Frequent urination in adults is defined as voiding 8 or more times per day 1. The normal frequency of urination from the age 5 on is 4-7 times a day, including once at night 1,2.
Excessive urination or polyuria in adults is defined as passing more than 3 liters of urine per day 68. The normal daily (24-hour) urine volume in adults is 0.8-2 L 19.
Causes of Frequent and Excessive Urination
A. FREQUENT URINATION
This section describes conditions with frequent urination (>7x/day) but the normal 24-hour urine volume (<2 L/day).
1. Clear Urine, No Pain
a) Conditions with increased pressure on the bladder:
- Abdominal bloating (intestinal gas) 3
- Abdominal tumors
- Abdominal adhesions (bands of scar tissue within the abdominal cavity), which can develop after lower abdominal or pelvic surgery
Individuals with chronic anxiety may experience frequent urination “on and off” due to increased awareness of the bladder fullness 16.
c) Drugs and supplements
- Medications: acetaminophen (paracetamol) 28, acetazolamide 31, amphetamine 32, chemotherapeutics 36, dopamine 30, gabapentin 34, ibuprofen 29
- Supplements: vitamin B3 8,24, vitamin C 25
- Illegal drugs: cocaine 33
Overactive bladder refers to a frequent urge to urinate without pain, sometimes also at night, without a known cause. Possible triggers include stress, smoking (nicotine), caffeine (tea, coffee, cola, energy drinks), acidic and spicy foods, carbonated and alcoholic beverages and certain food additives 15,17.
e) Incontinence due to neurological disorders (neurogenic bladder)
Neurological disorders that can cause incontinence and thus frequent urination include 18:
- Brain damage due to cerebral palsy, tumor, stroke, encephalitis, multiple sclerosis, Parkinson disease or Alzheimer disease
- Spinal cord damage due to birth defects, such as spina bifida, injury or spinal stenosis caused by herniated discs
- Damage to the peripheral nerves (polyneuropathy) due to long-term, heavy alcohol use, diabetes mellitus, vitamin B12 deficiency, pelvic surgery or syphilis
2. Cloudy Urine and Burning Urination
a) Urinary tract infections (UTIs) can cause frequent and burning urination, cloudy urine and other symptoms 7,8:
- Infection of the urethra (urethritis): smelly urine, usually no fever
- Infection of the bladder (cystitis): central lower abdominal pain, fever and occasional blood in urine
- Kidney infection (pyelonephritis): fever, chills and flank pain
- Painful spasms in the right or left flank, abdomen or groin, which may last for several hours, often at night or early in the morning
- Frequent urination, blood in the urine, cloudy urine or passing a stone
c) Kidney inflammation
Kidney inflammation (nephritis or glomerulonephritis) can present with frequent urination, foamy urine or blood in the urine (55).
d) Other causes of frequent and burning urination 6,15:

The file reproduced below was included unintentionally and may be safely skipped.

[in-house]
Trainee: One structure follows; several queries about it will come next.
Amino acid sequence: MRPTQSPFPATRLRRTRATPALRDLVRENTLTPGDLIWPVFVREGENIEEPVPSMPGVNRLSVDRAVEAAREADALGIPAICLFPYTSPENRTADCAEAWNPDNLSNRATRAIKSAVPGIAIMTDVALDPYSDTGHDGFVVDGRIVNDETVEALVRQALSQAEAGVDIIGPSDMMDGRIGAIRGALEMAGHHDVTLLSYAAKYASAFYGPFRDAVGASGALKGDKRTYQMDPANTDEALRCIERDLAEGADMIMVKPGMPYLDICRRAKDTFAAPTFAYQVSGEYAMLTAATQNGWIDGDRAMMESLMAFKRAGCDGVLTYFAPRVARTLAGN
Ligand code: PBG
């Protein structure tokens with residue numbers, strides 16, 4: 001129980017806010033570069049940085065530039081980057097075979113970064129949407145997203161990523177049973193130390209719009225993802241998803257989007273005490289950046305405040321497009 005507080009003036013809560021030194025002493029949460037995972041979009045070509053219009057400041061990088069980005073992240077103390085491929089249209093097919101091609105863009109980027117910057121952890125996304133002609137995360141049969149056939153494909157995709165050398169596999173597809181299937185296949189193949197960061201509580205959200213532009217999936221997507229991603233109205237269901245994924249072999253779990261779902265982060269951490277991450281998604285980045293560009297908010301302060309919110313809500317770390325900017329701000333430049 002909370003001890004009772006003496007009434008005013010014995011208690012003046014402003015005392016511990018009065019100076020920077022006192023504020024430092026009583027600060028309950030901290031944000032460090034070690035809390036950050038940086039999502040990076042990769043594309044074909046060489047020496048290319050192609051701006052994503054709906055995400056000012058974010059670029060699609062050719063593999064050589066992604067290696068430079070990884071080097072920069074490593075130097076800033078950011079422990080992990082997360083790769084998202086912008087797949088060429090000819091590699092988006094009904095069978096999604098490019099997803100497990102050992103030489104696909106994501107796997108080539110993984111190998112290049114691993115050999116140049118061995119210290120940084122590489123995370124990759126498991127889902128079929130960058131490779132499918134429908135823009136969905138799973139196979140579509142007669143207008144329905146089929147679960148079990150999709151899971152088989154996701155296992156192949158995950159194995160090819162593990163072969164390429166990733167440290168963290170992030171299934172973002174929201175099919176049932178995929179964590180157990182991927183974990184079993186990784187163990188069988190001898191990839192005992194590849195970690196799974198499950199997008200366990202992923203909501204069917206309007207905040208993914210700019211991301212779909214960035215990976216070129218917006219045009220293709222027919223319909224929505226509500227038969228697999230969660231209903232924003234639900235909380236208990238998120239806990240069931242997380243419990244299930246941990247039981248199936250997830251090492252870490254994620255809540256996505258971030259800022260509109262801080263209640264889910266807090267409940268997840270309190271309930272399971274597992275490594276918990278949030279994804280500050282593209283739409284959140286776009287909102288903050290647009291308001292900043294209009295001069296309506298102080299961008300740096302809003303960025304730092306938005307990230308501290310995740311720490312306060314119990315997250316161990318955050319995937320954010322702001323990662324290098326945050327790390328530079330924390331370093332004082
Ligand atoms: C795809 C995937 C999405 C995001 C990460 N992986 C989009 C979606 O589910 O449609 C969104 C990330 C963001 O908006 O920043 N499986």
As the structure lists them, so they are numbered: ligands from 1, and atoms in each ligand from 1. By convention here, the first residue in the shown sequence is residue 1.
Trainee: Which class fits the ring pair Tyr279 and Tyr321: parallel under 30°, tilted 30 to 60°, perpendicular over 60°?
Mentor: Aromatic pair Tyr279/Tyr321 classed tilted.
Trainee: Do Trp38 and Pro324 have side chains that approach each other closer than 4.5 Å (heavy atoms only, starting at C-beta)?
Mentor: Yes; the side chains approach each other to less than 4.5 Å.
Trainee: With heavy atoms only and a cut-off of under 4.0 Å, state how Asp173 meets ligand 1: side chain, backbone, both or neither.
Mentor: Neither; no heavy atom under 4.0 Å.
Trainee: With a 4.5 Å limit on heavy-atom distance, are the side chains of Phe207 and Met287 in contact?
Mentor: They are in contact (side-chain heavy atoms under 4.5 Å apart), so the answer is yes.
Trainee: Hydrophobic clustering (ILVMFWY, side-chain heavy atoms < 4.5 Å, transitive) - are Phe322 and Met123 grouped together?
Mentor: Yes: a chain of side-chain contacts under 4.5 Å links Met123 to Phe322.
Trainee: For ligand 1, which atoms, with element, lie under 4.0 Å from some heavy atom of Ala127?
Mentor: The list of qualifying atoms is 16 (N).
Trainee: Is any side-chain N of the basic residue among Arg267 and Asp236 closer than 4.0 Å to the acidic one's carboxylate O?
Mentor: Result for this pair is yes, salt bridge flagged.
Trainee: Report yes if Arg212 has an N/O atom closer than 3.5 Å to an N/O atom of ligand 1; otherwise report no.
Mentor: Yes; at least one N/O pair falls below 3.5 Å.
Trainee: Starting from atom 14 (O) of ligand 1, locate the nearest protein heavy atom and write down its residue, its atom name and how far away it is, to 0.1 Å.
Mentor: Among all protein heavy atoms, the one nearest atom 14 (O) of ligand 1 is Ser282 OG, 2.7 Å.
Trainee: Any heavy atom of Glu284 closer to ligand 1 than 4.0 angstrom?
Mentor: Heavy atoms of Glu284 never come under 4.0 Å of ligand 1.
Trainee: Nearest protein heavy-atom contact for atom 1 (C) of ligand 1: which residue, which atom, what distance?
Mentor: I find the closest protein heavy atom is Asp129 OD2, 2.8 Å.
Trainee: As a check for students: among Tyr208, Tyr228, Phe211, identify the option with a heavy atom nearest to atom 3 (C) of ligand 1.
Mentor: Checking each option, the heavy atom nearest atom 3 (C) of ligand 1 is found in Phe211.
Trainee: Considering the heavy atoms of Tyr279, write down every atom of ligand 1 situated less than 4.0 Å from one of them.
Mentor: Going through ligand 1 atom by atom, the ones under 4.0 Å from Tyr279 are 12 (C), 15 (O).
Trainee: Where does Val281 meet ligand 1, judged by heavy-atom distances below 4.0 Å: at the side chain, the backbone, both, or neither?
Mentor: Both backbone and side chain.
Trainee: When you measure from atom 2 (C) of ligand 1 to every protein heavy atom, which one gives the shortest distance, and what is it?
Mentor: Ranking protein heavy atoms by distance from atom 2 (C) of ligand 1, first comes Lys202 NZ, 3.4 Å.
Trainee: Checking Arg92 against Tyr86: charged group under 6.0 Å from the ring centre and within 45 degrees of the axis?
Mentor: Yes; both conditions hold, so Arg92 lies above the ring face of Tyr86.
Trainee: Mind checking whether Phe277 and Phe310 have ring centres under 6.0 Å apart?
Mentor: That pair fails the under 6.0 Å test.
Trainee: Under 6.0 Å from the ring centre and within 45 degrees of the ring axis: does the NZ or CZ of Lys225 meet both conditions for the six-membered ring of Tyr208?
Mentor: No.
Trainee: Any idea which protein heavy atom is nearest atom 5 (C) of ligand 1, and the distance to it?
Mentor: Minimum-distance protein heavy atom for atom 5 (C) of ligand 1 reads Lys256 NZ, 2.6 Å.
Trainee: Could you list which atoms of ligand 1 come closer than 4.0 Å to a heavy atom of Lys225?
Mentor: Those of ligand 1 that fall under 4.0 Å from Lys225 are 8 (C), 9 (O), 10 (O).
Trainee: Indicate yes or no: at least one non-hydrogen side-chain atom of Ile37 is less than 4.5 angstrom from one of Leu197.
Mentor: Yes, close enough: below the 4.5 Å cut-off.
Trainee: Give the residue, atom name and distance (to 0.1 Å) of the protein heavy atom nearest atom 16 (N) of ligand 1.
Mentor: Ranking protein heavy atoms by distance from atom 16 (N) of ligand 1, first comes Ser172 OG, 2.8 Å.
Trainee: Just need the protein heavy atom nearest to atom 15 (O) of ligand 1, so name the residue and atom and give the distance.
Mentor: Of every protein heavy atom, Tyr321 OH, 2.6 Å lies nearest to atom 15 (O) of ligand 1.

- Chemicals, for example, in soaps, bubble baths, scented toilet paper, tampons, contraceptive sponges and spermicides
- A foreign body, catheter or recent urological procedure
- Dehydration (frequent passing of small amounts of dark yellow or brown urine)
- Schistosomiasis (a parasitic disease common in Africa, South America and South Asia with fever, skin rash, blood and worms in the urine) 20
- Bladder cancer (lower central abdominal pain, frequent and burning urination and blood in the urine)
- Radiation therapy of the pelvic area 37
3. Urination at Night (Nocturia)
Nocturia means waking up at night more than once to pass urine 5,6. Most people with either frequent or excessive urination have to urinate at night more than once.
Enuresis is defined as bed-wetting after the age of 5 in a child without any organic disease 1. Common causes include stress at home and school, night terrors, maturity delay and inappropriate toilet training 59.
Excessive Urination at Night (Nocturnal Polyuria)
In nocturnal polyuria, the 24-hour urine volume is normal, but more than 35% of it is produced during the nighttime resulting in frequent urination only at night 74.
- Excessive drinking or taking diuretics before bed
- Decreased secretion of the antidiuretic hormone at night 74 or high blood pressure 85 in elderly people
- Disorders with swollen legs (edema), in which the blood pooled in the leg veins during the day is redistributed toward the heart after lying down:
- Congestive heart failure 69
- Chronic kidney disease 74
- Low blood protein levels in liver or kidney disease 10
- Varicose veins 74
- Autonomic neuropathy in long-term diabetes mellitus, chronic alcoholism, systemic lupus erythematosus (SLE), multiple sclerosis or Parkinson’s disease 92,94
- Sleep apnea–repeated pauses in breathing during sleep–mostly in older obese men, and children with enlarged tonsils 35
- Alzheimer’s disease 74
To prevent or reduce urinating at night avoid drinking in the evening.
4. Frequent Urination in Men
a) Prostate disorders
In men after 50, prostate enlargement (benign prostatic hyperplasia) can cause difficulty start to urinate (hesitancy), weak stream, feeling of incomplete bladder emptying, urine dribbling or sudden inability to urinate (urine retention) 39.
Prostate infection (prostatitis) or cancer can cause pain and tenderness in the area between the scrotum and rectum (perineum), lower back pain, burning urination, painful ejaculation, blood in the urine or semen and fever 65.
b) Sexually transmitted diseases (STDs)
Sexually transmitted diseases (gonorrhea, chlamydia) can cause itchy genitals, burning urination, rash on the penis, penile discharge or painful testicles few days or weeks after sex 43,63.
c) Reactive arthritis or Reiter’s syndrome